|By Mike Gorrell, The Salt Lake
TribuneMcClatchy-Tribune Regional News
August 23, 2009 - PARK CITY -- Luxury with a few surprises.
Developers Lee Hindin and Reza Fakhrieh set out to emphasize both at the Dakota Mountain Lodge, Utah's first Waldorf Astoria luxury brand hotel, which opened without fanfare last month on a hillside just off the main entry to The Canyons Resort.
And how did they do that?
Well, for starters, the dominant wood in the lodge is not the knotty pine characteristic of so many mountain resort buildings. Instead, it is a hardwood stained dark to match the hotel's cocoa-brown mohair drapes and carpets, interior designer Stephen Brady's way of connecting Dakota Mountain Lodge to the Waldorf Astoria in New York City.
Breaking the rustic mountain mold once more, the lobby's elegance is accentuated by a sweeping spiral staircase to the second floor, a 400-pound Czech crystal chandelier hanging above the open area in its curve. The furniture is all reupholstered antique.
Two 100-year-old carvings of stags, at least four feet tall, pay homage to the mountain feel. But then one wall over -- what's this? -- classic Japanese art in the form of a floor-to-ceiling screen, featuring nearly a dozen side-by-side panels of a village-life scene. That's behind tables and chairs arranged to serve as a European-style check-in desk.
"They're little things, but unexpected," said Hindin, founder of DuVal Development, which owns Dakota Mountain Lodge.
Off another side of the lobby is the Spruce restaurant, based on the original in San Francisco. It offers fine dining as well as quick bites for people coming off ski slopes or just finishing a mountain bike ride.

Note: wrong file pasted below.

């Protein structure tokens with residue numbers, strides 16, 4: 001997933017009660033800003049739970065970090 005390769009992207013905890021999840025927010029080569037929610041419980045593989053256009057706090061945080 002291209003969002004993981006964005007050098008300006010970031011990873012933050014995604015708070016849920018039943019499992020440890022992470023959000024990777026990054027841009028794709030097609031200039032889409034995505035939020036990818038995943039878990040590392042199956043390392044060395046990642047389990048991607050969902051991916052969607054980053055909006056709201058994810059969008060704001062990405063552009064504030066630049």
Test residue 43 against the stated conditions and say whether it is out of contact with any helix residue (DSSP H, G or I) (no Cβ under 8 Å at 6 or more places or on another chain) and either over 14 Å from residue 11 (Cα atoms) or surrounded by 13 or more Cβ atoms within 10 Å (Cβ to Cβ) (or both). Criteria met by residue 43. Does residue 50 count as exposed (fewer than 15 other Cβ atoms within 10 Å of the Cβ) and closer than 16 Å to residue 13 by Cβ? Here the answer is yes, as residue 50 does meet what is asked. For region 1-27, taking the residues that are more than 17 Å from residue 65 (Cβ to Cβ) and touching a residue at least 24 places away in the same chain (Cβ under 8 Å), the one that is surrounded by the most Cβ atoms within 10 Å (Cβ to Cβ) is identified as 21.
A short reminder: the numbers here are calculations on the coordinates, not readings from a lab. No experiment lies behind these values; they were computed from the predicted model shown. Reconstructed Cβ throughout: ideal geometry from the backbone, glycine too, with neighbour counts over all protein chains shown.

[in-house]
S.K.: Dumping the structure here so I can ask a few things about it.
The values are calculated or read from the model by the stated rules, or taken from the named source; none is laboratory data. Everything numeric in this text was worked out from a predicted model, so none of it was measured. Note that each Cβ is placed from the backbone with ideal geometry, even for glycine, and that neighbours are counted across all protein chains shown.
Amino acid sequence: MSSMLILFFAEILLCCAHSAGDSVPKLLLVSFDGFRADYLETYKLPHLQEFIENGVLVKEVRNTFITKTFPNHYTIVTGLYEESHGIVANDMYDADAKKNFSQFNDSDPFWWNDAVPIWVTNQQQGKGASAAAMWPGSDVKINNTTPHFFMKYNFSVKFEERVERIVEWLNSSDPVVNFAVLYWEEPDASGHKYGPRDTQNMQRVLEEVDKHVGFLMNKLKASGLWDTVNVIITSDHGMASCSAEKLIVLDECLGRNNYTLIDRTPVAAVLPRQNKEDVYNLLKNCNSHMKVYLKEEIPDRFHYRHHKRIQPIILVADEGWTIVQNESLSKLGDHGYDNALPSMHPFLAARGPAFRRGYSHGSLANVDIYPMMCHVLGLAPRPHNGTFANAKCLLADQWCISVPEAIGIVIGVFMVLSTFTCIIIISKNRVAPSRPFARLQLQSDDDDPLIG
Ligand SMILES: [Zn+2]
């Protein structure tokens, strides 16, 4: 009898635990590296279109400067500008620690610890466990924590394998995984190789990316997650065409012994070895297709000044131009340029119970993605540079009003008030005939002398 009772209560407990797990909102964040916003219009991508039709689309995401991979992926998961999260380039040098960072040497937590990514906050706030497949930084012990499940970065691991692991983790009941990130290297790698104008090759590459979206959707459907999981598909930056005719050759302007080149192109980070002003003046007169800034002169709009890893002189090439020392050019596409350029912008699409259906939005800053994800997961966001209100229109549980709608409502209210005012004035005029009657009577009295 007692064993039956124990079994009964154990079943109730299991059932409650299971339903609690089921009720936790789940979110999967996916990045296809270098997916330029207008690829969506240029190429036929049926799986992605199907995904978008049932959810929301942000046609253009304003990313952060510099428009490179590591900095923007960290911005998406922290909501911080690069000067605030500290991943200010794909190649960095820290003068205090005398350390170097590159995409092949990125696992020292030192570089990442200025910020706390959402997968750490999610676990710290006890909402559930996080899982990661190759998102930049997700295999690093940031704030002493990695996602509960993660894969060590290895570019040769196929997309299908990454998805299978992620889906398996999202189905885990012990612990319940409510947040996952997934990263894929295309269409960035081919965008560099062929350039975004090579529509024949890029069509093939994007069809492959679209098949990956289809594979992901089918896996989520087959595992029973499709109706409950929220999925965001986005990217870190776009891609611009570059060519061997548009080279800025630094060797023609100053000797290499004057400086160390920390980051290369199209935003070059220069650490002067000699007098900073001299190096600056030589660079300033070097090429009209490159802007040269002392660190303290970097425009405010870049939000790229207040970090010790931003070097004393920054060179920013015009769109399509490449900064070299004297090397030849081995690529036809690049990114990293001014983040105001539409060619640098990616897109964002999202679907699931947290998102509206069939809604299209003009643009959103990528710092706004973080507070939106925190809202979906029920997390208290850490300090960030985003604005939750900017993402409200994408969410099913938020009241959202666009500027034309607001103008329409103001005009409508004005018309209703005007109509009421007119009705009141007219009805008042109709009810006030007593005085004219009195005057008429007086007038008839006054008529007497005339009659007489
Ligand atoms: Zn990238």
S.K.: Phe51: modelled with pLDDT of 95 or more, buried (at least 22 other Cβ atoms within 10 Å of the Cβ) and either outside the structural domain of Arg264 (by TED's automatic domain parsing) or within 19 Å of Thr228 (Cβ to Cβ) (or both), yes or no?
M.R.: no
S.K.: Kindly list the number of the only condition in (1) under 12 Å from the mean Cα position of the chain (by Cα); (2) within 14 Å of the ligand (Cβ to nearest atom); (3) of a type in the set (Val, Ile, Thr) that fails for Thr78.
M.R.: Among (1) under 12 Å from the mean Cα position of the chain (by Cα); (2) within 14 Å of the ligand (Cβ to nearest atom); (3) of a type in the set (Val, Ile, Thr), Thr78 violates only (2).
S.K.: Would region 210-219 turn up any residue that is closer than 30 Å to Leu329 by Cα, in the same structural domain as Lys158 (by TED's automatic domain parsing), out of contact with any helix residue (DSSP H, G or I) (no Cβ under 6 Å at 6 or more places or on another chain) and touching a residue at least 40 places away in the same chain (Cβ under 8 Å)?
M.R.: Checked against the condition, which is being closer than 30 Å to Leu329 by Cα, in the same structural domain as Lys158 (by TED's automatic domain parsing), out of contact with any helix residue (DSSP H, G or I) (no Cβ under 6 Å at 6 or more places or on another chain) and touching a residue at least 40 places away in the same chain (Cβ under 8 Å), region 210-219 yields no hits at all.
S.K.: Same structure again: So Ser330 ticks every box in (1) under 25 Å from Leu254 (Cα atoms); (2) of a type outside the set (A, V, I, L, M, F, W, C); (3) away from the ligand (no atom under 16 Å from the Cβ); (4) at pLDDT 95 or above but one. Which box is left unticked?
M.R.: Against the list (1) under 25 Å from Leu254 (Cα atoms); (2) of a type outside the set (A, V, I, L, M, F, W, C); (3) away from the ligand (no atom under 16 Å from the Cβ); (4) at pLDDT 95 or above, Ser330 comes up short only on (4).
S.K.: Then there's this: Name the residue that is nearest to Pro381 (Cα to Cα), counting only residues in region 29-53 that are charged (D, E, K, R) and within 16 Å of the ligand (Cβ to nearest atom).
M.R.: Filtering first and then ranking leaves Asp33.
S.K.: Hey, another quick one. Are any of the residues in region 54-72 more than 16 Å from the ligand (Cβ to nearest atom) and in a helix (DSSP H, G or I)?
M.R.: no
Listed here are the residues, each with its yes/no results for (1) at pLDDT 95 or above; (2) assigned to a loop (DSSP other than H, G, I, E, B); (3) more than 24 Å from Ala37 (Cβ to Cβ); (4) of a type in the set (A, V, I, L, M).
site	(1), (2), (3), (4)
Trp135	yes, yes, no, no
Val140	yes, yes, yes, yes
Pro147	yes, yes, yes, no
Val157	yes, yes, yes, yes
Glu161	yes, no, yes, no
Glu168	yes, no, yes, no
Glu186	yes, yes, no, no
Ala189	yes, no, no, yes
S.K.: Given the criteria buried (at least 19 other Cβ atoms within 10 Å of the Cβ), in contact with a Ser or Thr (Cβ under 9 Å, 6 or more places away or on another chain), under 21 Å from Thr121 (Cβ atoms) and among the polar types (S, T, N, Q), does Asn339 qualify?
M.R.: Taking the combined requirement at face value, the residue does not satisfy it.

Entry to the restaurant is through the bar, so that "its fun, vibrant atmosphere will spill into the lobby," noted Fakhrieh, DuVal's executive vice president. More mohair curtains partially separate the marble-topped bar area from the dining area, elegant in all respects except for the rustic image of a half dozen sets of deer antlers attached to a wall above tables for four.
Branch another direction off the lobby and the Golden Door Spa offers relaxation. It breaks from the hotel's darkened-wood motif. The spa's walls and ceiling feature a stylized mix of light brown woods and whitish rock, flanked by two more eye-catching features: a dozen strings of water cascading two stories into a basement pool and a wall of plants, 20 feet high and seven feet wide, that extends from the salon entry desk to 15 treatment rooms on the lower floor.
"Between the sound of falling water and the visual, it's beautiful," said Jim Miller, Dakota Mountain Lodge's general manager.
There are two entries to the spa -- one from inside the hotel, the other from the outside -- a design feature that reflects Dakota Mountain Lodge's desire to appeal to Park City and Wasatch Front residents as much as destination visitors.
"We don't want this to be a stuffy place off limits to outsiders. Everyone is welcome," said Hindin. "You can rent a room for a weekend or for a month during ski season. You can come up to the Golden Door Spa for a half-day break. We've tried to make everything here inclusive and part of the greater community, including the [Salt Lake] valley. We can't do it alone on the ski season. It's not big enough yet."
Building community ties also figured into Golden Door Spa hiring Park City resident Scott Cowdrey to manage its sixth salon in a 50-year history. The spa also brought in a number of local fitness instructors.
"We're offering something attainable for the local," said Cowdrey, noting that many fitness classes go outside and use "the outdoor canvas we all live here for. Many of our instructors are people [who locals] have come to know in the community. ... We have the brands and systems of Golden Door and employees from Park City who people trust. We educate people that facials and massages are not indulgences but promoters of good health, agents in creating active lifestyles."
Cowdrey's description conforms with an earlier Hindin observation that part of Dakota Mountain Lodge's strength stems from each partner being able to "have some swagger." After all, he added, "being uptight is not what the Waldorf Astoria Collection [of hotels] is all about. You're here to enjoy yourself and be comfortable."